This section is from the book "Complete Self-Instructing Library Of Practical Photography", by J. B. Schriever. Also available from Amazon: Complete Self-Instructing Library Of Practical Photography.
Accentuating Shadows On Dull Days. Where residences are photographed under a clouded sky the color values - lights and shades - may be accentuated considerably by stopping down the lens. For example, if you are using a stop U. S. 8, then to stop down to U. S. 16, giving practically the same exposure or at the most only a trifle more than you would to fully time a plate with stop U. S. 8, you will find this will accentuate your shadows, and you will also have a crisp and snappy negative, with sufficient exposure for the high-lights, providing development has been properly carried out in a normal bath.
99. The examples shown in the preceding lesson will give an excellent idea of the proper form of light. There is nearly always a certain time of day which will give the most pleasing rendering. Fortunately, in architectural photography the distracting color factor is, to a large extent, absent, which makes the work much easier, and enables one to see the monochrome effect more clearly.
100. In selecting the view-point, a very common error, with beginners at least, is that of selecting a direct front view. This is a mistake, for in photographing residences, especially, a straight front view is not a pleasing one, and such a view should only be selected when it is absolutely impossible to photograph from any other point. A perspective view showing the front and one side of the residence is always the best.
101. The distance at which the camera should be placed to one side of the center of the front depends entirely upon circumstances. Care should be taken to always include a fair amount of foreground, and if any large trees come within the field of view it is advisable to have some foreground between the tree base and the camera. It will not do to have the top of a tree included within the picture space and then cut off its base, without giving it any support within the picture space.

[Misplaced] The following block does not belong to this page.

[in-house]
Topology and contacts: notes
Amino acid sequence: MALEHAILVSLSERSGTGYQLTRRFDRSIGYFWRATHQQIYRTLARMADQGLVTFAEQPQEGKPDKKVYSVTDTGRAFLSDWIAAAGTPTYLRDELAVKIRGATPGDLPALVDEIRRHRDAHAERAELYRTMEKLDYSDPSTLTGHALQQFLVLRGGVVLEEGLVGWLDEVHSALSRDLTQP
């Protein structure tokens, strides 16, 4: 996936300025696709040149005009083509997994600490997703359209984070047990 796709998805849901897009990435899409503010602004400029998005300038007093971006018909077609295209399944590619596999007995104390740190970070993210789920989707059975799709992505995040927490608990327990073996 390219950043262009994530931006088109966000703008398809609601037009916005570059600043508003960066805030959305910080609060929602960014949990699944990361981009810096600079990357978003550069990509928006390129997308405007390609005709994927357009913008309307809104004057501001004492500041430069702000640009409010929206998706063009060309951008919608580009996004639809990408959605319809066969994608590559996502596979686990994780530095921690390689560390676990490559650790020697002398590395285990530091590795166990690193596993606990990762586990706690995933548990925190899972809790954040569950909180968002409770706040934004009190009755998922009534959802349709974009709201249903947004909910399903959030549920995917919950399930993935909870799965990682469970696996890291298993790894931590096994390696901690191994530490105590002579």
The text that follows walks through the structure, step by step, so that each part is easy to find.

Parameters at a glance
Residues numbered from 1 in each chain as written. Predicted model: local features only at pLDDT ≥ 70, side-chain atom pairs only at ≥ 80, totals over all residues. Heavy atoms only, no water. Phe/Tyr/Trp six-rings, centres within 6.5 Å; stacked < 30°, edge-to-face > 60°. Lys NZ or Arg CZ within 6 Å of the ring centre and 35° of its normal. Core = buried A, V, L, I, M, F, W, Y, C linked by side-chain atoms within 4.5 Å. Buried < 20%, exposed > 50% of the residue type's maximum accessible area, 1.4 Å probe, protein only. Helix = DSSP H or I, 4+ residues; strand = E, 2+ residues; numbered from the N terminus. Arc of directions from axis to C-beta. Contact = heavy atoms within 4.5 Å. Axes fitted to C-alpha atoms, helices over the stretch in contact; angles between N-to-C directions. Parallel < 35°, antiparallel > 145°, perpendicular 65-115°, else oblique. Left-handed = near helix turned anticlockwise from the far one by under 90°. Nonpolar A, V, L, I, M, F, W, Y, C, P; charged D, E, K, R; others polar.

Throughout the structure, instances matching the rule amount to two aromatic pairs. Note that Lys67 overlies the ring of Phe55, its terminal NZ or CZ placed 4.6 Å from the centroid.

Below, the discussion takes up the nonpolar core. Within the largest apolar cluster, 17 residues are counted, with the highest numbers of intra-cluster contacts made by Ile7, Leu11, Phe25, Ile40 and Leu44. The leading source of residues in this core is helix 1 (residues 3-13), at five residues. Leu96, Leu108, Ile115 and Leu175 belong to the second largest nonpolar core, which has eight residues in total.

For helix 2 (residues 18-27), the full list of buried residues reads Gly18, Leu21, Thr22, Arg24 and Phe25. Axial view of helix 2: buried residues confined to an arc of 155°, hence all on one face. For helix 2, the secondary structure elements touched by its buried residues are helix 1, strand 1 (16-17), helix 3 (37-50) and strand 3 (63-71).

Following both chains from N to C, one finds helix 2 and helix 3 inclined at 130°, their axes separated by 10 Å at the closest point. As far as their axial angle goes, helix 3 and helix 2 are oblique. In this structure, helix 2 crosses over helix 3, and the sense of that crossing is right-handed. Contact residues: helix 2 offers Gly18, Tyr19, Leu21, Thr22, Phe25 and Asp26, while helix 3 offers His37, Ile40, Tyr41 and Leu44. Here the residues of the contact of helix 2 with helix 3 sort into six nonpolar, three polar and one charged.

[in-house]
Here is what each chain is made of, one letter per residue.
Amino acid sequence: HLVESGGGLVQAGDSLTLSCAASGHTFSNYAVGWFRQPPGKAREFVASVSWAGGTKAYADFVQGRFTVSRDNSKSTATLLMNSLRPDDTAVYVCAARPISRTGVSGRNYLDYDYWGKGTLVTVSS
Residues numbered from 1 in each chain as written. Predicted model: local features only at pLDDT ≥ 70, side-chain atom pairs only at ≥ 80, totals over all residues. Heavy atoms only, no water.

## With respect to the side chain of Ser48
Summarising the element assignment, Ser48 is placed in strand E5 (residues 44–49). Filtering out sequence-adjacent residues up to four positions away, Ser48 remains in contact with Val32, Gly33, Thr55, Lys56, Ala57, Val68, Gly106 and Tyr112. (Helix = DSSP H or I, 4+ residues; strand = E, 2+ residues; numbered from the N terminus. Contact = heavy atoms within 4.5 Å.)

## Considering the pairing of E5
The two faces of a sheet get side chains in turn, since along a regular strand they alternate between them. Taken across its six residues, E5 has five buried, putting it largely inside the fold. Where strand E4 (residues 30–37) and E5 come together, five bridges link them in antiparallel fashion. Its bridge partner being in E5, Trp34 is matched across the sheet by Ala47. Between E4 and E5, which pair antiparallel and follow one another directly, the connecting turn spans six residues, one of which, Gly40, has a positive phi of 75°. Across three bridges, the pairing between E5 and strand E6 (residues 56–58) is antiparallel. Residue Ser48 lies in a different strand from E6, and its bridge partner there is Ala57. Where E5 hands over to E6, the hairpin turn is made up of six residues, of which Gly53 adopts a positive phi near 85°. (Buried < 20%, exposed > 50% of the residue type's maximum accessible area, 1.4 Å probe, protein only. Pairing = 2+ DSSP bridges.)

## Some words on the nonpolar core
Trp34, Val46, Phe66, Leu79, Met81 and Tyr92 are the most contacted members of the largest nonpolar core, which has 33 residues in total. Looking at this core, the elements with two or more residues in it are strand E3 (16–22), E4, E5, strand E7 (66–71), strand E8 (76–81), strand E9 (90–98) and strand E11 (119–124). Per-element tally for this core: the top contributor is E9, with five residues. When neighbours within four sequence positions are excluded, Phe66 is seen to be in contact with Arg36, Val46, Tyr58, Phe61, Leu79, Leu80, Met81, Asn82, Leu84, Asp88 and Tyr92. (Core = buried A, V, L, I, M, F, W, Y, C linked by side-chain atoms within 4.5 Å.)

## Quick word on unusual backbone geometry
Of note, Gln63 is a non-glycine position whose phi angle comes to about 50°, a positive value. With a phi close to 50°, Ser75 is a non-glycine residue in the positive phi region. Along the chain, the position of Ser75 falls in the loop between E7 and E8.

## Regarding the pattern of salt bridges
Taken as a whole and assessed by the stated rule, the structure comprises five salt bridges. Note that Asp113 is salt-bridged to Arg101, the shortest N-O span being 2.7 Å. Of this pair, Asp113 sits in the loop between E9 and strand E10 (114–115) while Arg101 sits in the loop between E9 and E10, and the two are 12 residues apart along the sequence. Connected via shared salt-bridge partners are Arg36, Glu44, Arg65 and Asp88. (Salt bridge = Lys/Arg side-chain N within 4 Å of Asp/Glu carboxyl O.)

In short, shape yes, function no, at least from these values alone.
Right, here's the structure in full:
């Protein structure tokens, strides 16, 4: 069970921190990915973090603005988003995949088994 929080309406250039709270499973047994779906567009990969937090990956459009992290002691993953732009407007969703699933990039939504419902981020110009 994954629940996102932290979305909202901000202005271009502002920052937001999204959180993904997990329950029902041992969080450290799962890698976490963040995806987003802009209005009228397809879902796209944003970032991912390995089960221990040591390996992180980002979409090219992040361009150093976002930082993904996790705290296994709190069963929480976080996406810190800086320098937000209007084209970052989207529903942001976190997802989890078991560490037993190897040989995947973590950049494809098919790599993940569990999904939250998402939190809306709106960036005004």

102. If there are any special features or points of interest in the architecture which are stronger than others, these dominating points of interest should be emphasized by photographing them when the sun shines on them at the proper angle.
103. It may be taken as a general rule for exterior work, that subdued sunlight falling on the building at an angle of 45° will be found to give the best results, unless some special effect is sought, in which case you must be governed entirely by the effects desired.
Leveling The Camera. It is essential that the camera be perfectly level, and as the majority of view cameras are fitted with a plumb or a spirit level, it is an easy matter to see that the camera is upright in both directions. A pocket level will be found exceedingly convenient, for it can be placed on any part of the camera. With the camera leveled, then set the thumb-screw tight, holding the camera rigid to the tripod.
105. Where lenses of good covering power are employed, it is best to level the camera immediately after securing the general view on the ground-glass, and then to rely entirely upon the movements of the rising or falling front to include the extent of the view required. If, however, the camera is tilted up and the use of the swing-back resorted to, the lens will have to be stopped down to obtain the required sharpness, for the image will be more indistinct at the bottom of the plate than at the top. This decreases the working rapidity of the lens - requiring longer exposure.